Poll Results

The Vimy Foundation regularly polls Canadians about their attitudes and opinions related to Canada’s First World War legacy and the upcoming Vimy Centennial, through market research conducted by Ipsos Reid.

November 2017 New Poll Shows Canadian First World War Legacy Building as More Young Canadians Engage in Commemorating the 100th Anniversary of the Battle of Vimy Ridge. 

November 2016 “Survey of Six “Western Front” Nations Shows Canadians Most Likely to Have Attended War Remembrance Ceremony in Past Year

April 2016 “New Poll Shows Most Canadians (83%) Feel Vimy Centennial should be Key Part of Canada 150 Celebration

November 2015 “Most Canadians Can Identify “In Flanders Fields” (76%) by John McCrae (61%) as Canadian Poem Written During First World War

April 2015 “Three Quarters of Canadians (74%) Believe 100th Anniversary of Vimy Ridge in 2017 Should Be One of Canada’s Most Important Celebrations During Sesquicentennial

November 2014 “Three in Ten (27%) Canadians Will Attend a Remembrance Day Ceremony This Year, 23% Said they Went Last Year

April 2014 “One in Five (18%) Canadians Don’t Know What Vimy Ridge Is

 

 

Canada’s FWW Battles

From 2014 to 2018, we commemorate the centennial anniversaries of the First World War. The Vimy Foundation is actively working to ensure that these major battles of the First World War involving Canadians are recalled and our losses commemorated.

Read more about some of the lesser-known battles of Canadians:

May 1915 – Festubert and Givenchy

June 1916 – Battle of Mount Sorrel

July 1, 1916 – Beaumont Hamel

September 15-22, 1916 – Courcelette

September 26, 1916 – Thiepval Ridge

October 1 – November 11, 1916 – Regina Trench

April 14, 1917 – Monchy-Le-Preux

April 28-29, 1917 – Arleux-en-Gohelle

May 3-8 – Battle of Fresnoy 

We will remember them.

 

Help us continue our work to highlight Canada’s lesser-known First World War battles, and commemorate these important centennial anniversaries. Please consider making a donation today.

 

History Of Vimy Ridge

The message of Vimy Ridge is one of bravery and sacrifice. The battle, which took place on April 9, 1917, is commonly highlighted as a turning point in Canadian history, where the four Canadian divisions fought together as a unified fighting force for the first time. While 3,598 Canadian soldiers were killed during the battle, the impressive victory over German forces is often cited as the beginning of Canada’s evolution from dominion to independent nation. The Vimy Foundation is working to spread the word to Canada’s youth — through initiatives like the Vimy Prize and the Vimy Pin — so that all Canadians understand the importance of Vimy to the nation’s identity.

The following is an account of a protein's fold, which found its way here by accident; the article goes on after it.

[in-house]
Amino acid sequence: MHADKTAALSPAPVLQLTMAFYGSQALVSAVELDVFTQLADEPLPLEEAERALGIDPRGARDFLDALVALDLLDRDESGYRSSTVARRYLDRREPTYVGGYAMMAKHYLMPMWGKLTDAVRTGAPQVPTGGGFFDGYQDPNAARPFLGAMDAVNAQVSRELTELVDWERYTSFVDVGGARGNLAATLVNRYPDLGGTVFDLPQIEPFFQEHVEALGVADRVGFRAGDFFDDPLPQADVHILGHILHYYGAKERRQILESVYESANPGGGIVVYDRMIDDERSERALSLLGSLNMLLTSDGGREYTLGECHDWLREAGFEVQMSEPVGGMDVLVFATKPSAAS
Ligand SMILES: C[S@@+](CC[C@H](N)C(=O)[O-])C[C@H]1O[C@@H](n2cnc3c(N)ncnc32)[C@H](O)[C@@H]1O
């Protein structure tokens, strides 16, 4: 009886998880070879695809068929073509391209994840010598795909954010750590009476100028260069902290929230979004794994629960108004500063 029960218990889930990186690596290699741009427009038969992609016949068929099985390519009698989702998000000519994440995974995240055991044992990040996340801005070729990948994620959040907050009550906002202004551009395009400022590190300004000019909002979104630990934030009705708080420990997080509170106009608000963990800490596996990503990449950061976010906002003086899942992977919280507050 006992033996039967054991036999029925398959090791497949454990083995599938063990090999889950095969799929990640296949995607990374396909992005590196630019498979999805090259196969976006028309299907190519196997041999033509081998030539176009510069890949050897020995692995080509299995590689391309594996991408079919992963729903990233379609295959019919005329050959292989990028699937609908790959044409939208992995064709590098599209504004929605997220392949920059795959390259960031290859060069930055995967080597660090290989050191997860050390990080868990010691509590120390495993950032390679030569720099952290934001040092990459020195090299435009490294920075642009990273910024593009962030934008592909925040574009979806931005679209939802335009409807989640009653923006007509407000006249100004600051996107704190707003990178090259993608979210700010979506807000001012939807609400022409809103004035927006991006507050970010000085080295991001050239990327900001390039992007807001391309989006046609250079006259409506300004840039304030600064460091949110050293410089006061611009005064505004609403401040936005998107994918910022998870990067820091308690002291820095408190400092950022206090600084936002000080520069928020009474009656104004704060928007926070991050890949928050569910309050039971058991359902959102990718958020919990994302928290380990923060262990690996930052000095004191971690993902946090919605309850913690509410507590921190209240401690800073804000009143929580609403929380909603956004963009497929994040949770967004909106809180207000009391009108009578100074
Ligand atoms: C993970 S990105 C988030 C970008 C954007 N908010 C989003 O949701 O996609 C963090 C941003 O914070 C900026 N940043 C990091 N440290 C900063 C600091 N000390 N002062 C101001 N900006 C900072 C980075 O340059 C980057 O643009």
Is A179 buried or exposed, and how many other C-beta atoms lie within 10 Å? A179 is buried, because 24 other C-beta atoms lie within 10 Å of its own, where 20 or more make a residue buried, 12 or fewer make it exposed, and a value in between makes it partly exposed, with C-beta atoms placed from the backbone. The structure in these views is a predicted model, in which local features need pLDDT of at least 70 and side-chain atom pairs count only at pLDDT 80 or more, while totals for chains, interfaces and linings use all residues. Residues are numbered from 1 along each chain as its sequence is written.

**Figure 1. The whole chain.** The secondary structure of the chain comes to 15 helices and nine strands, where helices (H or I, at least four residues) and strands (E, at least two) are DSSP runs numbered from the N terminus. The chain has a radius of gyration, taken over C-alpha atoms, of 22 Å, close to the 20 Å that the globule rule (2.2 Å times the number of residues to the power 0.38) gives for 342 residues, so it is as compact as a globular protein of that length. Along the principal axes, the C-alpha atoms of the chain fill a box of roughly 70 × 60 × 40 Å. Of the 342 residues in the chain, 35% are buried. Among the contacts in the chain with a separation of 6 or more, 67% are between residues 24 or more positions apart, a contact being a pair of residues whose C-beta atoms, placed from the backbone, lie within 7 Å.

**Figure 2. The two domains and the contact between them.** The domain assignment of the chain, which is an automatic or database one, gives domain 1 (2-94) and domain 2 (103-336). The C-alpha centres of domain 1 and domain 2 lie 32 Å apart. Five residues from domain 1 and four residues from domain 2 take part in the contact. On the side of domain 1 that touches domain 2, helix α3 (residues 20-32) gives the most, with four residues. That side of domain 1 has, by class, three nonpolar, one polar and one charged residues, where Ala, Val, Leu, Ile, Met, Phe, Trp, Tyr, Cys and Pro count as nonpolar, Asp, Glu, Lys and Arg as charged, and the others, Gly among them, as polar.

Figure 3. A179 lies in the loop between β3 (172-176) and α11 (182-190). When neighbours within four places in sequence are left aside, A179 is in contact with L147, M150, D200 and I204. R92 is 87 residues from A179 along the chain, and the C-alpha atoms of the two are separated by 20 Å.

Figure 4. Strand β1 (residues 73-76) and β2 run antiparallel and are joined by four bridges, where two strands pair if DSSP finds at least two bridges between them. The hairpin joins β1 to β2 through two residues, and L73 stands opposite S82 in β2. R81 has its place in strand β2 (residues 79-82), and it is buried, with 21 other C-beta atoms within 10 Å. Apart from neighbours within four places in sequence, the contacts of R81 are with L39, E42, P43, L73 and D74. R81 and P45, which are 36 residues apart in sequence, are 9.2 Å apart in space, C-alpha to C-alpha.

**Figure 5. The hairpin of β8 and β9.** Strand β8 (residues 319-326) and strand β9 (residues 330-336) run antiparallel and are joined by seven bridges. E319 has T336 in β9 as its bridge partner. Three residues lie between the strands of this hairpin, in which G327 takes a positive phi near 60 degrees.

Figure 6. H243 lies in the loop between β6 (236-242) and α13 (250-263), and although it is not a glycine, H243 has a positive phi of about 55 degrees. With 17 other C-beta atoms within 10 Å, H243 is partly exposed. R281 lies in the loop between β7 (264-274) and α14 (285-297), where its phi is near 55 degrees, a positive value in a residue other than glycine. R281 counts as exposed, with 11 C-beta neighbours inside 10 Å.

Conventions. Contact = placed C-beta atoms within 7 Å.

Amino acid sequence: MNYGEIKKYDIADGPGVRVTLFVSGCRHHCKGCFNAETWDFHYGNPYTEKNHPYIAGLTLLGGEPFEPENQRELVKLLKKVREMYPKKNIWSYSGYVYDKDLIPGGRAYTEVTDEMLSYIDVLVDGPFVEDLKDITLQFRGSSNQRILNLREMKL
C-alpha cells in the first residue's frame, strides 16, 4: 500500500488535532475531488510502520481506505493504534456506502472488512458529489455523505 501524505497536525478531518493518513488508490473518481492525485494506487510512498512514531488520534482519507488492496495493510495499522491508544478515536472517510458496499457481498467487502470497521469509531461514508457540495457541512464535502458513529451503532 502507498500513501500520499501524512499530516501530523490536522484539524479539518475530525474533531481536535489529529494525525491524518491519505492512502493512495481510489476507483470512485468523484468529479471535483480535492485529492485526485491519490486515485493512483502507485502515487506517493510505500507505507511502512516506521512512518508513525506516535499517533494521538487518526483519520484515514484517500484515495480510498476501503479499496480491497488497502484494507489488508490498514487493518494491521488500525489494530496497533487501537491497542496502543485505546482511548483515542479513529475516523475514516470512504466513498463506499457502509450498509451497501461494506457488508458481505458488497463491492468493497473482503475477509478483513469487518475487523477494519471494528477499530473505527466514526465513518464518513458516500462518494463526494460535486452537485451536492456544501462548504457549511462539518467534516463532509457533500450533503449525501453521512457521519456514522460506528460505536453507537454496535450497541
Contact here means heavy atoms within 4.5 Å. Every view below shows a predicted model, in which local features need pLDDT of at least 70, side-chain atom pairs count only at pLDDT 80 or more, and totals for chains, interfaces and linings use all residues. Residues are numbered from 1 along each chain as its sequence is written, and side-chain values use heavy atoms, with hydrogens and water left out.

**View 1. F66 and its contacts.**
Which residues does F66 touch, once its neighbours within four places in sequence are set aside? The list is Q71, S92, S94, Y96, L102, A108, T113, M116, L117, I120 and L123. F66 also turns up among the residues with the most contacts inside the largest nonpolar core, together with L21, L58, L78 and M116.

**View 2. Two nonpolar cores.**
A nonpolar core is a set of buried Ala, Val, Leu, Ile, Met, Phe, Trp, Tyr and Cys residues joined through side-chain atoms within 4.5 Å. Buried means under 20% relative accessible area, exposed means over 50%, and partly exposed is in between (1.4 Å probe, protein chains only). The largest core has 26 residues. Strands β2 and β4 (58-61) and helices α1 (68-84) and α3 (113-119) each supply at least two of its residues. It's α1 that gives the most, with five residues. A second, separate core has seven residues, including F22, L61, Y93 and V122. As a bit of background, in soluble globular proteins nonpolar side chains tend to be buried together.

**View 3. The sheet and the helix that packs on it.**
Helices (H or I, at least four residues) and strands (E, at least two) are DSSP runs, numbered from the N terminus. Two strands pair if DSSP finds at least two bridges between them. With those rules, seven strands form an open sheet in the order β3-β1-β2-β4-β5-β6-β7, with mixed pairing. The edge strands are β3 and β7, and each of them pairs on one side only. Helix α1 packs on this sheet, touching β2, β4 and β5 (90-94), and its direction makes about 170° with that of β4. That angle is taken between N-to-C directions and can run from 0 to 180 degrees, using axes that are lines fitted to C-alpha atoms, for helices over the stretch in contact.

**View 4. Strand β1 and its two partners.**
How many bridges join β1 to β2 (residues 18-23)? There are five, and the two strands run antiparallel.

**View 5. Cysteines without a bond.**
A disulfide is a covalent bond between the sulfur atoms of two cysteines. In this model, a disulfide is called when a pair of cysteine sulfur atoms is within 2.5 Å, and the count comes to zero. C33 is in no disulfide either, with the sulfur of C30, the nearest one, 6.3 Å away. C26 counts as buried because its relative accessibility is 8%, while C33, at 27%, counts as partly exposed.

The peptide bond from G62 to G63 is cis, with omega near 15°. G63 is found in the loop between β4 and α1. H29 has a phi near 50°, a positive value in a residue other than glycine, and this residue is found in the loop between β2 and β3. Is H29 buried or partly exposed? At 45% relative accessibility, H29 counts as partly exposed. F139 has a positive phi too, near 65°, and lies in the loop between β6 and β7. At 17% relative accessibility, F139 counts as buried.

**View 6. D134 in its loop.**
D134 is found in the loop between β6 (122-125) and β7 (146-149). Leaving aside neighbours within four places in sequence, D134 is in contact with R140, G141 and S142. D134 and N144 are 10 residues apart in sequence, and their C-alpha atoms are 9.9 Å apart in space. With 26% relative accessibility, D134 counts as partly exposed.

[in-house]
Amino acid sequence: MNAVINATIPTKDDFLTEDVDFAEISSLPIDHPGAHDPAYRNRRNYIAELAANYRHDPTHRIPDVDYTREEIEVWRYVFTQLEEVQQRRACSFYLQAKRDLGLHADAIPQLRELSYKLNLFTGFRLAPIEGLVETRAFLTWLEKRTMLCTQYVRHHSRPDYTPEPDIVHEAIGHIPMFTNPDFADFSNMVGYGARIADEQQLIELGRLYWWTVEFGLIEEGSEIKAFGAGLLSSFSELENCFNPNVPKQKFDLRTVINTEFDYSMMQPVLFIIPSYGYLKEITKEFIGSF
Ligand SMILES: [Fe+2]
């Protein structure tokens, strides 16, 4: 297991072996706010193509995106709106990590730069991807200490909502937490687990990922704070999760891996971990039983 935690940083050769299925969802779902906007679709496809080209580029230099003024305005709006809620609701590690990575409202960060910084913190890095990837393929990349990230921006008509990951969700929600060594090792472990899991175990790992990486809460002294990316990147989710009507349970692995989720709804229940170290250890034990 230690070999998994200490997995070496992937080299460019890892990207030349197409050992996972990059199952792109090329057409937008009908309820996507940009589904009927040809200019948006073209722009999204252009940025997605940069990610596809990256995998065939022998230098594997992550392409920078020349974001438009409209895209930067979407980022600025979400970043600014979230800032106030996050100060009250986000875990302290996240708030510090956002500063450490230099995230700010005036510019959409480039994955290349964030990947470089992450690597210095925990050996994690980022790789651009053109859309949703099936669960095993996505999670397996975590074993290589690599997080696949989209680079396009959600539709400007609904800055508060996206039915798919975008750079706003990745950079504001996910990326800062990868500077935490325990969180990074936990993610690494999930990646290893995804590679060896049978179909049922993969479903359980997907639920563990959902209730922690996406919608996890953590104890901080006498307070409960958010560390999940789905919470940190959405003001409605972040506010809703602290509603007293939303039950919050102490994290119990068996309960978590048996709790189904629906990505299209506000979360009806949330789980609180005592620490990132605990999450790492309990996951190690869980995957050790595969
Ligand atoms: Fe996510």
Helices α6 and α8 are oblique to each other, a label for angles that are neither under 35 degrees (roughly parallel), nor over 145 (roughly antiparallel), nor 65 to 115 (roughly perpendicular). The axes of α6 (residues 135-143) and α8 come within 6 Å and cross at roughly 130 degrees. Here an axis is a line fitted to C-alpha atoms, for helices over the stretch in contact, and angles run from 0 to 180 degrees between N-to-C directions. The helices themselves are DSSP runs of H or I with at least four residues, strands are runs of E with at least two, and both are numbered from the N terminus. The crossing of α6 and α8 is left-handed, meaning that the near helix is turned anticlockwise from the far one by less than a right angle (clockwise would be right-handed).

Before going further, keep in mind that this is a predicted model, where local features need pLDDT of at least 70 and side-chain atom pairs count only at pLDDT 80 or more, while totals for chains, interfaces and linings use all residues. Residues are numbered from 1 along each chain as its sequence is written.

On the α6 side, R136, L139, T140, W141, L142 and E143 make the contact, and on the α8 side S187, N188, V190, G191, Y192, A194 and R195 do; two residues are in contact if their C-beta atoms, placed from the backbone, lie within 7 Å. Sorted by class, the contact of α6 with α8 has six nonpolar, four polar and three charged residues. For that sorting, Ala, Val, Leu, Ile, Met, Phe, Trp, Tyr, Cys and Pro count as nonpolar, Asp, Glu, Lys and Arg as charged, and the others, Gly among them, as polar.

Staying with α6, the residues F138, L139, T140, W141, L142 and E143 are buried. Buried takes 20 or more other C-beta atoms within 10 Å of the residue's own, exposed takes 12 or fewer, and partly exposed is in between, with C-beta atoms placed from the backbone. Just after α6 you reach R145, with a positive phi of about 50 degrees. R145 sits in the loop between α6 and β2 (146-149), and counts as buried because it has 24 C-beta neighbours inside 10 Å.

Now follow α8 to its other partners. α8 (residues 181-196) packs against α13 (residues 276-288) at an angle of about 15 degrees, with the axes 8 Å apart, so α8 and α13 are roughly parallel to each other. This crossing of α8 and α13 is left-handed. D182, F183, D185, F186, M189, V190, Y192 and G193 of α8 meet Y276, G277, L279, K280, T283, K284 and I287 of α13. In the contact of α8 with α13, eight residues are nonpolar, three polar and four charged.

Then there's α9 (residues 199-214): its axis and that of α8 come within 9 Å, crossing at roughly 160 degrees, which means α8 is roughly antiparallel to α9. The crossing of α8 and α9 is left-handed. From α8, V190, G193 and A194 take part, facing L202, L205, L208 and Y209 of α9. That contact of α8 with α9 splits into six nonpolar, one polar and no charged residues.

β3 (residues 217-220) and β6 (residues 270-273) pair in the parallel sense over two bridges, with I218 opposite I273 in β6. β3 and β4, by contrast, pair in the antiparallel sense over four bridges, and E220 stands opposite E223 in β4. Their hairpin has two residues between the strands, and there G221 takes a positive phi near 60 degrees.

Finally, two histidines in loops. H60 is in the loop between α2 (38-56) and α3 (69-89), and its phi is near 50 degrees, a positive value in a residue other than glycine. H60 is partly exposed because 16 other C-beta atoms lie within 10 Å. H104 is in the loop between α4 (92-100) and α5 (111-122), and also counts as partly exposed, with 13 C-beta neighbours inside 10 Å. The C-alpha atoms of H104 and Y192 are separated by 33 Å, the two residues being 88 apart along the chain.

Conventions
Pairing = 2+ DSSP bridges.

To underscore the sacrifices made by Canada, which suffered 60,000 fatalities during the First World War, France granted Canada 107 hectares of land at Vimy to build and maintain a memorial. That iconic site is today considered one of the most stirring of all First World War monuments, and certainly Canada’s most important war memorial.

Victoria Cross

For most conspicuous bravery or some daring or pre-eminent act of valour or self-sacrifice or extreme devotion to duty in the presence of the enemy. The medal was instituted on February 5, 1856 with awards retroactive to 1854. The first award to a Canadian was in February 1857, to Lt. Alexander DUNN (Charge of the Light Brigade). There have been 1,351 Victoria Crosses and 3 Bars awarded worldwide, 94 to Canadians (Canadian-born or serving in the Canadian Army or with a close connection to Canada).

First World War Colourization Project

When you look at old black and white photos, the past seems very far away. This is no more so true than First World War pictures. And yet in the course of time, it was only yesterday.

The Vimy Foundation is launching a project to bring Canada’s First World war efforts to life. We will colourize 100 photos from the First World War and release a book with these images to help bridge the gap between Canadians today and the soldiers, nurses, engineers, mothers and children of 100 years ago.